627Re: Books That Have Changed My Life
- Mar 12, 2005I wasn't sure what to make of Tung's resignation. He seems to have
been very unpopular in Hong Kong, but I guess it was his policies that
made him unpopular and his successor won't change those policies.
As far as I know (I haven't finished the book yet of course), the
government wasn't involved in the Haymarket bombing itself. It
probably was a real anarchist who threw the bomb, not a government
agent. But the people who were tried and executed for the bombing were
probably not involved, and probably didn't even know the bomber.
That's the impression I've gotten so far from the book. Some of them
had been for years writing articles urging their fellow anarchists to
use dynamite against their enemies, but there is of course a
difference between writing an article like that and actually being
involved in the crime. And after the bombing happened, the press
apparently distorted what had happened to make it seem like the
accused men were definitely guilty.
There apparently was one Chicago police officer, Captain Michael J.
Schaack, involved in the investigation that, according to the book,
"was blessed with boundless energy, an immodest belief in his own
talents, a flair for the dramatic, and an immoderate appetite for
fame. Houses were searched upon the slighest suspicion. Bombs were
discovered all over Chicago. The newspapers published details of
impossible plots and conspiracies which Schaack, the master-detective,
had unconvered. Most of the bombs were either non-existent or had been
planted by the police, and the conspiracies were manifestly the
product of the heroic captain's imagination. Tales, which at any other
time would have been laughed down as preposterous, gained credence."
The Chicago police chief later said, "After we got the anarchist
societies broken up, Schaack wanted to send out men to organize new
societies right away. You see what this would do. He wanted to keep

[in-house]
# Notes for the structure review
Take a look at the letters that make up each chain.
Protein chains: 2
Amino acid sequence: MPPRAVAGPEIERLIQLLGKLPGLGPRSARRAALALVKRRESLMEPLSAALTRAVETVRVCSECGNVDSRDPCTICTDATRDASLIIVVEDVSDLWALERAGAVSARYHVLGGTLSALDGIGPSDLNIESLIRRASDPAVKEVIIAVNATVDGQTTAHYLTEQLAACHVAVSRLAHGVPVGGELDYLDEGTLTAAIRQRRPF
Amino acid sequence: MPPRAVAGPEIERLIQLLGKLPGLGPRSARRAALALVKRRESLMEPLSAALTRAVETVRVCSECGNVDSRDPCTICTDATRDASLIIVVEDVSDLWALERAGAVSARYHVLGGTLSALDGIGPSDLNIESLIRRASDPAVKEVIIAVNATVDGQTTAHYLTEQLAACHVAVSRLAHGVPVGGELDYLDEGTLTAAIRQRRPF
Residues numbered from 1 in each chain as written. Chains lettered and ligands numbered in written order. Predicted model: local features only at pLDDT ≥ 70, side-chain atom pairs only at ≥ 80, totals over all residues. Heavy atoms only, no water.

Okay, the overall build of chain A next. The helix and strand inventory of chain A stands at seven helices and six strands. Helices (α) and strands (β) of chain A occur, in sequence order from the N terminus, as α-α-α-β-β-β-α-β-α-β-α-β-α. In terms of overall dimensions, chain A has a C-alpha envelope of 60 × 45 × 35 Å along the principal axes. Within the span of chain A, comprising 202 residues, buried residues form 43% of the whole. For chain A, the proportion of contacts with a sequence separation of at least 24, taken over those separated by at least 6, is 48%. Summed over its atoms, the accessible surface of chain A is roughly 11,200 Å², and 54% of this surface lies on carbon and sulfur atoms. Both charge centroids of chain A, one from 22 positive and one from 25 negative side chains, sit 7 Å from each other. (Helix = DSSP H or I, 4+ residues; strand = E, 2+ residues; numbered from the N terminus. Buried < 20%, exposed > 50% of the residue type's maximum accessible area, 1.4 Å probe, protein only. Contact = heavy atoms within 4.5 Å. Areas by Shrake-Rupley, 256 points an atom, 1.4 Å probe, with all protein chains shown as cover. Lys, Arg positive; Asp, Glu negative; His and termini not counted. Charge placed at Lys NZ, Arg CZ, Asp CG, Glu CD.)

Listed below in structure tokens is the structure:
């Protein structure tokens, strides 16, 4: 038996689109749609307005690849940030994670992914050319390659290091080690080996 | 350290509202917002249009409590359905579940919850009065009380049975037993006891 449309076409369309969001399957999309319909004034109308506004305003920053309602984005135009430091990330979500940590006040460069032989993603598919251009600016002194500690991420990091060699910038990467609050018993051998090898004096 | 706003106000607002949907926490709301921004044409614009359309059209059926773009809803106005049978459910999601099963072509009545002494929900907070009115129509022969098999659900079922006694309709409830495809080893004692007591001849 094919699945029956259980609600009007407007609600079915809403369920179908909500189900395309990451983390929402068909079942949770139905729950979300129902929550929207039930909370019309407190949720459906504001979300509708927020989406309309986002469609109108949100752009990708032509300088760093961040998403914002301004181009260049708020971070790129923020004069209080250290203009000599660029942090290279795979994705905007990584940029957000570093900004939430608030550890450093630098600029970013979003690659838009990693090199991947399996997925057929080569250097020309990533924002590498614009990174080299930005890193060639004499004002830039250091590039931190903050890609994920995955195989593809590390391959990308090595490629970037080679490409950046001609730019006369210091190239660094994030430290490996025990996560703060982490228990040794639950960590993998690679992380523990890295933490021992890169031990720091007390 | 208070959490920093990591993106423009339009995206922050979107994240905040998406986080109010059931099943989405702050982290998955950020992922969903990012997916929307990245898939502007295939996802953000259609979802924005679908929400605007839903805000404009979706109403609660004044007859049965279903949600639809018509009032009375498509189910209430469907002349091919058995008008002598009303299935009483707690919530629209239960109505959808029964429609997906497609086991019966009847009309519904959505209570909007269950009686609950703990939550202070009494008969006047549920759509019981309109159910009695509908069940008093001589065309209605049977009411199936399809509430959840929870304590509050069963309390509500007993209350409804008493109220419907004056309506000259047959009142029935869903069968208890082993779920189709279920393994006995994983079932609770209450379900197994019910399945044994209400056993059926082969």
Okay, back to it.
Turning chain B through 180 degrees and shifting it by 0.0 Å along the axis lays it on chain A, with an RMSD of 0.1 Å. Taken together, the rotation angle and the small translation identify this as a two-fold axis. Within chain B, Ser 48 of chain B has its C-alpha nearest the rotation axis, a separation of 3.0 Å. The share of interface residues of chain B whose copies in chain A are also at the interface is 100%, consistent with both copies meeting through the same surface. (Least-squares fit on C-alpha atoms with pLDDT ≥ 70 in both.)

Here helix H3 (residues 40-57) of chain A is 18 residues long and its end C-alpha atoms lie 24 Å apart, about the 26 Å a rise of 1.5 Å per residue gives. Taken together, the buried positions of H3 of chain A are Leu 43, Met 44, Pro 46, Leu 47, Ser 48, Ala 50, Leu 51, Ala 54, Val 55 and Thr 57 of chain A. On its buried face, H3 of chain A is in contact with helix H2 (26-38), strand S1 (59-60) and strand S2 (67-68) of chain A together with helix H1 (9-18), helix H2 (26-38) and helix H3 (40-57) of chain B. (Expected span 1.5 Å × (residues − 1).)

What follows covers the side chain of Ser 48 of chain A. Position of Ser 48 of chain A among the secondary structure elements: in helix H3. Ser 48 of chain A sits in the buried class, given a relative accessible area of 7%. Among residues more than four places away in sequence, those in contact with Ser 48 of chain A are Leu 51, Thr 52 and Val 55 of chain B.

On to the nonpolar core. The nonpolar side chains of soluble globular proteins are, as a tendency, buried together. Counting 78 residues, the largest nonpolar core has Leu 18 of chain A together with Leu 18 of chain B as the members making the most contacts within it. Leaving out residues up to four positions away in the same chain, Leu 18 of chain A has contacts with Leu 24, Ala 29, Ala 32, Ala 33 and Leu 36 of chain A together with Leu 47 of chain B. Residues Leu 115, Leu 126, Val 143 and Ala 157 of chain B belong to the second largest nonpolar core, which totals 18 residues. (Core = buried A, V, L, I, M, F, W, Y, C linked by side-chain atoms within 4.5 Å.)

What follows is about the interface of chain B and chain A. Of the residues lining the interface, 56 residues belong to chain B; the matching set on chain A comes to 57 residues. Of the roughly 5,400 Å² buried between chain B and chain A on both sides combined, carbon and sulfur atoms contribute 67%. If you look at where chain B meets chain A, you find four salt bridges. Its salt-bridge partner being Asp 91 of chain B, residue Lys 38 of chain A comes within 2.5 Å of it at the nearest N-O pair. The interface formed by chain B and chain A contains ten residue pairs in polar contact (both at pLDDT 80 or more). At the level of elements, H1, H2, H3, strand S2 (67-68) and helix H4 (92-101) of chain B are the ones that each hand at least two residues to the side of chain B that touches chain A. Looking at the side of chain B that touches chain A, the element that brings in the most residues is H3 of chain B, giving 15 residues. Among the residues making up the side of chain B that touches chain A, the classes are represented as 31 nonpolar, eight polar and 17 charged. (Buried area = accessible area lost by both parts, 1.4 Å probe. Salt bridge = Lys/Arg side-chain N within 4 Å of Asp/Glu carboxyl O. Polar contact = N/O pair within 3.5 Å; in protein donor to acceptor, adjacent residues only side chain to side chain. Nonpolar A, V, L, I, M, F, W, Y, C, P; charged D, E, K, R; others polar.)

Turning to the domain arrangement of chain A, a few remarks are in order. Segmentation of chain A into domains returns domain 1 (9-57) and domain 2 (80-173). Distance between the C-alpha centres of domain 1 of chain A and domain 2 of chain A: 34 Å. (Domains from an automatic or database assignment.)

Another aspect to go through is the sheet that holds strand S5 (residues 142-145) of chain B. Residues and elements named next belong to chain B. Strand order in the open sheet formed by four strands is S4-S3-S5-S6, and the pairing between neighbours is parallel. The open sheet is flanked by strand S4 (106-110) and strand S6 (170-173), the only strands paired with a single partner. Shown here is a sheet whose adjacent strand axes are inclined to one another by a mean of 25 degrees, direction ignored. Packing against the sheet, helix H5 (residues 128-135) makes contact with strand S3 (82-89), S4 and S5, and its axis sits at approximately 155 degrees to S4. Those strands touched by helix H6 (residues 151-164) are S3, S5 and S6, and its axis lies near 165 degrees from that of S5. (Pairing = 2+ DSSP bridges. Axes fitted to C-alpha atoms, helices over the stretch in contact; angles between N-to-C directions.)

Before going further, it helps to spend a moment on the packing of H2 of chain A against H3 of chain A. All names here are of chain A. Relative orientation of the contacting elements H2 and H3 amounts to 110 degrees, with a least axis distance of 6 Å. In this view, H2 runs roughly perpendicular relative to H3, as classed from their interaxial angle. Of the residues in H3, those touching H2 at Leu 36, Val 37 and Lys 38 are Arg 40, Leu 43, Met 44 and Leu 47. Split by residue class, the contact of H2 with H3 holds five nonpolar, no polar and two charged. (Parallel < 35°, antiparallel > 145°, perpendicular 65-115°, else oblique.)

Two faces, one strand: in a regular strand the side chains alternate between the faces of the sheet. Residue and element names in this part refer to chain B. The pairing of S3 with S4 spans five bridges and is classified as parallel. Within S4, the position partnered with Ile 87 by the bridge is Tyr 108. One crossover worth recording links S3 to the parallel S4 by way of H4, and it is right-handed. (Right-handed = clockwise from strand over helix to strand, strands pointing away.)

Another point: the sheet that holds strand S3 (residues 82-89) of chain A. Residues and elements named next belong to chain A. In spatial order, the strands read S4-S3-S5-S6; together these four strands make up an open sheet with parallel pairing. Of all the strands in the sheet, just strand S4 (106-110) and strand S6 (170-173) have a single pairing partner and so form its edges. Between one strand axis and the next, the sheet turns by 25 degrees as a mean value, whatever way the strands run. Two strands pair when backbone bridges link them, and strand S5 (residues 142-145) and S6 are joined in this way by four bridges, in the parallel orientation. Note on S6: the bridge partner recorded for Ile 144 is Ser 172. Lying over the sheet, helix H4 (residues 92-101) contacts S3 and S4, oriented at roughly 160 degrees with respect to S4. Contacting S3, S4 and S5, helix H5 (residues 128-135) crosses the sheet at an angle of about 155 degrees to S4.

the thing boiling, keep himself prominent before the public. Well, I
sat down on that ... and, of course, Schaack didn't like it."
--- In firstname.lastname@example.org, "Ram Lau" <ramlau@y...> wrote:
> > my high school freshman English class), and Zhuangzi (am I correct
> > in thinking that Zhuangzi is the same person as Chuang-Tzu? I read
> > a book by him long ago, which included the famous story about
> > the man dreaming he was a butterfly). And I'm reading the Bible
> Yeah, both names refer to the same person. The butterfly story is one
> of my favorites. I went to a Christian school for 12 years, so I had
> to study the Bible quite a bit.
> > Are you from Hong Kong, Ram? What do you think about the recent
> > resignation of the Chief Executive Tung Chee-hwa?
> Yes, Greg. I was born and raised in Hong Kong. The resignation is a
> very bad sign. Big Brother obviously wants to take care of that tiny
> > policies to fight poverty and ignorance." makes me think you're
> > considering going into politcs yourself. I think you'd do a good
> If possible, I would love to work for President Obama someday.
> > If I was to make a list of books like that I guess I'd include Henry
> > David Thoreau, Jack Kerouac, Stephen King, P.G. Wodehouse, and Terry
> > Pratchett. I have a bad habit of reading many books at once. I keep
> Very fine choices. I wanted to write about Tom Paine's The Age of
> Reason in the paper, but I decided not to because the book is probably
> too anti-Christ. I also wanted to mention Eleanor Roosevelt's last
> > The Haymarket Affair by Henry David, A History Of The Middle East by
> > Peter Mansfield, the 9/11 Report from the Commission, Theodore Rex
> I want to read all of them, but probably won't have time until next
> year. Did the federal government get involved in the Haymarket Affair
> at all?
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